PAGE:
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Can Bledsoe get it done for the Bills?


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Del N. Jones
    This is the year we will all find out. Get the answer to the worn out question that still hovers around New England barstools and haunts fantasy football maniacs, who still dare to take a chance on him.
     Can Drew Bledsoe get it done for the Buffalo Bills? Or will the trading of an All-Pro quarterback to a division rival go down as one of the shrewdest moves in NFL history?
     What happens in upstate New York this season will put this endless AFC East debate to rest and also let us know whether Bledsoe’s best days were spent in Foxboro as the rifleman for the Patriots.
     An entire championship-starved organization hopes for the contrary.
     With Bledsoe the leading man, the Bills will field one of the most talented NFL rosters in 2004. An explosive tandem at running back will support him in the backfield, while wide receiver Eric Moulds still demands double teams in the secondary.
     Couple that with a veteran defense that finished second in the NFL in total defense, and the Bills should be in most games this season.
     Whether they win their share will depend on an aging star quarterback.
     For all of the talent that Buffalo enjoys it underachieved dramatically last season at 6-10 and finally cost Greg Williams his head-coaching job. In comes Mike Mularkey from Pittsburgh with his own innovative ideas of using the offensive tools that have yet to match the potency on the other side of the football.
     Mularkey, who turned Kordell Stewart into a multi-faceted weapon and later Hines Ward and Antwaan Randle El as Pittsburgh’s offensive coordinator, likely won’t go that far with the 6-5, 240-pound Bledsoe. The immediate plan will be to install a short passing game to prevent the 12-year veteran from being harassed to the same 11-touchdown and 12-interception output in 2003, where he finished the season with only 2,860 passing yards and a below average 73.0 quarterback rating (21st in the league).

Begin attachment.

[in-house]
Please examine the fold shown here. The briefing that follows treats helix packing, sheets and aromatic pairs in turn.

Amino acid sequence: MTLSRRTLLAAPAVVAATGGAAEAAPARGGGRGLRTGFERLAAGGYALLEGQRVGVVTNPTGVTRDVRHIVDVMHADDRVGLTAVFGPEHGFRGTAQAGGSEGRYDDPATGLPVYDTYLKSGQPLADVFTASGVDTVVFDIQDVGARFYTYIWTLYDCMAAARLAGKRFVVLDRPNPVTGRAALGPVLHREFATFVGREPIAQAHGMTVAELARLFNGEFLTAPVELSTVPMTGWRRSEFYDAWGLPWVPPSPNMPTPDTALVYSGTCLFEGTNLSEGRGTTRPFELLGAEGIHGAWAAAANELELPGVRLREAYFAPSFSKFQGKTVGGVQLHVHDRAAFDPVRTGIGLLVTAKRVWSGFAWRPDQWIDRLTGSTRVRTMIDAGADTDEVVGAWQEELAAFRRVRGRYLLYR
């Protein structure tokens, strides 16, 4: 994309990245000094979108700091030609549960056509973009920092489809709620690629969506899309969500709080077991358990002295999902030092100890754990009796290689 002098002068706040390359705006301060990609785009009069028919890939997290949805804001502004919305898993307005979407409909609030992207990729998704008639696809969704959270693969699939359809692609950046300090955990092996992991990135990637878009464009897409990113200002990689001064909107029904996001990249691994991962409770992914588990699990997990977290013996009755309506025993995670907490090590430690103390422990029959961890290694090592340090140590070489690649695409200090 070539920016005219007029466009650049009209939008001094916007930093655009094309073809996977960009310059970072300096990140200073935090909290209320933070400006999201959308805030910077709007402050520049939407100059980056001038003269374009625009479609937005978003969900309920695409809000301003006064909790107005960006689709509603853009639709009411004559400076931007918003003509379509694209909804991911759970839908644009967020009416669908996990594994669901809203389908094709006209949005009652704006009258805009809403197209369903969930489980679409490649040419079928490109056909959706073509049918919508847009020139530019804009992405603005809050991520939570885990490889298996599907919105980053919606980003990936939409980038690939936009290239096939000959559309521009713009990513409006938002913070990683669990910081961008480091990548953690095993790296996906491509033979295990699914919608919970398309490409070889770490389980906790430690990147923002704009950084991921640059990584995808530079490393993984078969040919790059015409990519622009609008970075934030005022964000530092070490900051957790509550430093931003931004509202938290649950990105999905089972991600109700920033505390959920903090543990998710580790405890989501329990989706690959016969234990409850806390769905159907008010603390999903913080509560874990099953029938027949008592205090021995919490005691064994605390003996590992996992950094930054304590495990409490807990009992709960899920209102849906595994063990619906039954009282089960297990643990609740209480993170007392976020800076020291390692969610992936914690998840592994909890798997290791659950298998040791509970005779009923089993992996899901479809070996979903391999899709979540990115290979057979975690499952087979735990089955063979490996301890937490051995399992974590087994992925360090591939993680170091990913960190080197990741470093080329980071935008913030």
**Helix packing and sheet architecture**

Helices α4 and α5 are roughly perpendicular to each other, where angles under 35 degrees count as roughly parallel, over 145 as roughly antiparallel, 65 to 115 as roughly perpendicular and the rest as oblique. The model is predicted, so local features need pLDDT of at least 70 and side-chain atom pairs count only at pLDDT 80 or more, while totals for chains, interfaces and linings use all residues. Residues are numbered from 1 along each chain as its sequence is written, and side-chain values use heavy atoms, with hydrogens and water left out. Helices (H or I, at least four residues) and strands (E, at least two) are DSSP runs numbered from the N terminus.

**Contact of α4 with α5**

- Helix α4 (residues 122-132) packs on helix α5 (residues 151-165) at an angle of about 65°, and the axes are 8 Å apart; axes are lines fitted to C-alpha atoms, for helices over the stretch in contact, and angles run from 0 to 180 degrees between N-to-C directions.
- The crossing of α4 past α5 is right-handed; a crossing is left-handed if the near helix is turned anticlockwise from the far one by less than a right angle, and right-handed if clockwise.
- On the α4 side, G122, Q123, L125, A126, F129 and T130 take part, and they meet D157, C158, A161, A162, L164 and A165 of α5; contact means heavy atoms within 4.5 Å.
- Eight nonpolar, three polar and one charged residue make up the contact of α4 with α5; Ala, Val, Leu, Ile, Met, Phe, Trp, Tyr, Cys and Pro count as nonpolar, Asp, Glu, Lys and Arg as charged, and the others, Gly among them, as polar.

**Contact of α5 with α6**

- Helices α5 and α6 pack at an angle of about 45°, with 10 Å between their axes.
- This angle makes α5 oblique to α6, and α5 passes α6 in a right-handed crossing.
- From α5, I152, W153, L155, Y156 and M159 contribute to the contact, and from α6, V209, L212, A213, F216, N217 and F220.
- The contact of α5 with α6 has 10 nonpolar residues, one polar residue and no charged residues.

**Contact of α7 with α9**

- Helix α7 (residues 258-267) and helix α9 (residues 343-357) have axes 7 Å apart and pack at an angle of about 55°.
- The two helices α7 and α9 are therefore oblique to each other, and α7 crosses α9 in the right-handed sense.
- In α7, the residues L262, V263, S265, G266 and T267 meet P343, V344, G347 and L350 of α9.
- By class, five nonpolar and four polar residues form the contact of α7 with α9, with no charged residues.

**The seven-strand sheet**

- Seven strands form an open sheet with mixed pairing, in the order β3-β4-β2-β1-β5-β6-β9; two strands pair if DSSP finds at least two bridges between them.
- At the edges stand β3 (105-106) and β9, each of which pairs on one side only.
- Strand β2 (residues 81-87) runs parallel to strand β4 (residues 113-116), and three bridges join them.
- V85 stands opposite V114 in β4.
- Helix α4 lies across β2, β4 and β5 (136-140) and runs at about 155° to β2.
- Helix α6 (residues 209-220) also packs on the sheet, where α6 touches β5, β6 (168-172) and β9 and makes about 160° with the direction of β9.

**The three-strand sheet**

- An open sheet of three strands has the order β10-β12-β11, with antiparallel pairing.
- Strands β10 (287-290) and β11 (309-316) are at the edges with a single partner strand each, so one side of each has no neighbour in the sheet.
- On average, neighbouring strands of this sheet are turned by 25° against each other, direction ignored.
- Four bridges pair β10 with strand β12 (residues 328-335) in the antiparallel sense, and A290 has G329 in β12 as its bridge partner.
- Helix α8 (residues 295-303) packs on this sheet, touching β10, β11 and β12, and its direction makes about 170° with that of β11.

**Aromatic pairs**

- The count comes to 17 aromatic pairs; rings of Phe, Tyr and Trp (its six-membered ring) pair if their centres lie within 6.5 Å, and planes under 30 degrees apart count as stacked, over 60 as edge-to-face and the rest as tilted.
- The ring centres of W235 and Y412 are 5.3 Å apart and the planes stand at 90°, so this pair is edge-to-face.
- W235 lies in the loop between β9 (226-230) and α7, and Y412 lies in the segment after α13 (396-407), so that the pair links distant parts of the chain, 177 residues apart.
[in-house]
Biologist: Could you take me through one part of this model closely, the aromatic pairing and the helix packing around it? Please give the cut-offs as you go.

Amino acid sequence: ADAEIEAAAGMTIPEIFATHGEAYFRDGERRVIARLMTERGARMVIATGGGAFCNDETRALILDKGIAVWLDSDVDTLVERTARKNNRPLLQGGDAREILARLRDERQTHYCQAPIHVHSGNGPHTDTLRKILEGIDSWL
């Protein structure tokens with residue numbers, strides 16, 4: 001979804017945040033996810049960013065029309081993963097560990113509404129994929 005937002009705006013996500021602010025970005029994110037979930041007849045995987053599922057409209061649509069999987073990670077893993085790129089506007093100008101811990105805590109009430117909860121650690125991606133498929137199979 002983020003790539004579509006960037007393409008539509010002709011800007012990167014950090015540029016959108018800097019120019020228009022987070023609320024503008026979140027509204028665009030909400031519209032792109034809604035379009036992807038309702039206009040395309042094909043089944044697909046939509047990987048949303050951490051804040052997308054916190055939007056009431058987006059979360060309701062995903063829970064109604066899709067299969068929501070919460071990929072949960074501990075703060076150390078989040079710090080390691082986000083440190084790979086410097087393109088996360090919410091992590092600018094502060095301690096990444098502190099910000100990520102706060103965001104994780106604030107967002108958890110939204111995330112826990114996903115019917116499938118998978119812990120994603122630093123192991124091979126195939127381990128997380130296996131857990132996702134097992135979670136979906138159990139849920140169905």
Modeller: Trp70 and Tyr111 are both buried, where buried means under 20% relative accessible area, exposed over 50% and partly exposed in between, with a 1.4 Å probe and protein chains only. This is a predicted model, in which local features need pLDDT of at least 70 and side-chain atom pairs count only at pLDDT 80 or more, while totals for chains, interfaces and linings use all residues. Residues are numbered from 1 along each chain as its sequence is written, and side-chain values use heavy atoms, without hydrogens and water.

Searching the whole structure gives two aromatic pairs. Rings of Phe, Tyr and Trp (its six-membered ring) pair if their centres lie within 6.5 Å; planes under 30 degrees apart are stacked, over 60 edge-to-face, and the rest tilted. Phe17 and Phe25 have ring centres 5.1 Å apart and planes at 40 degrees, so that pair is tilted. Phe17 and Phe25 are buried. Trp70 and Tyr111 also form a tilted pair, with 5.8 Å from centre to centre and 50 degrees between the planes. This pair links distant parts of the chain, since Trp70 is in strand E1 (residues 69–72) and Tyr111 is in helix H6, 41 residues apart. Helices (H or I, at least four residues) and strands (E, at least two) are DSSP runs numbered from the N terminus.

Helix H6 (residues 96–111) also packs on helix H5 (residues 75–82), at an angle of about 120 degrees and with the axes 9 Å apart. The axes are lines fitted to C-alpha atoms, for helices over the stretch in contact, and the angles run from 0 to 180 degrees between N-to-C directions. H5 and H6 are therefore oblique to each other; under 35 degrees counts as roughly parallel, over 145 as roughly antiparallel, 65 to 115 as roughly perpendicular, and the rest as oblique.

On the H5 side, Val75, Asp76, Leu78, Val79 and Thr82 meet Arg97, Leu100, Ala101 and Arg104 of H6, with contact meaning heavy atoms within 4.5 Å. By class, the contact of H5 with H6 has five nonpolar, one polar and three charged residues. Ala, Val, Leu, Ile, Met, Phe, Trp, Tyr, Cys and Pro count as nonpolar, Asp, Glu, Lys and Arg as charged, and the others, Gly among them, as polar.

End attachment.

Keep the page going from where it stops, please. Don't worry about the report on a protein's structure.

This is from a guy, who passed for over 3,000 yards eight times in his career, going over 4,000 yards in three of those years. Bledsoe even made the Pro Bowl in his first season with the Bills in 2002, but the team finished a very disappointing 8-8.
     To help Bledsoe return to those prolific ways Mularkey brought in quarterback guru Sam Wyche to work specifically with him. And to drill the get-rid-of-the-football mantra, Buffalo has been using a four-second alarm clock behind the passing pocket to quicken Bledsoe’s delivery and decision-making. If the football is not delivered to a wide receiver, tight end or running back within the allotted time the alarm goes off.
     To his credit Bledsoe has been receptive to all the added coaching and training. Just three years ago he was considered an elite NFL quarterback. But after losing his starting job to Tom Brady in New England and failing to elevate his new team after being traded to Buffalo, Bledsoe is trying to improve in any way he can.
     "I actually asked about (the alarm clock) the other day and I think so far through camp there have only been two or three plays where I've been beyond those four seconds," Bledsoe told reporters after a recent practice. "…I’ve done it before - I had it in New England one of the years there. I don’t hear it. Even when I’m standing back there next to it, I don't hear it go off. It’s more a standard. So when coach Mularkey comes and asks (strength and conditioning coach) Brad Roll how we're doing he can just let him know we haven't been over the four seconds."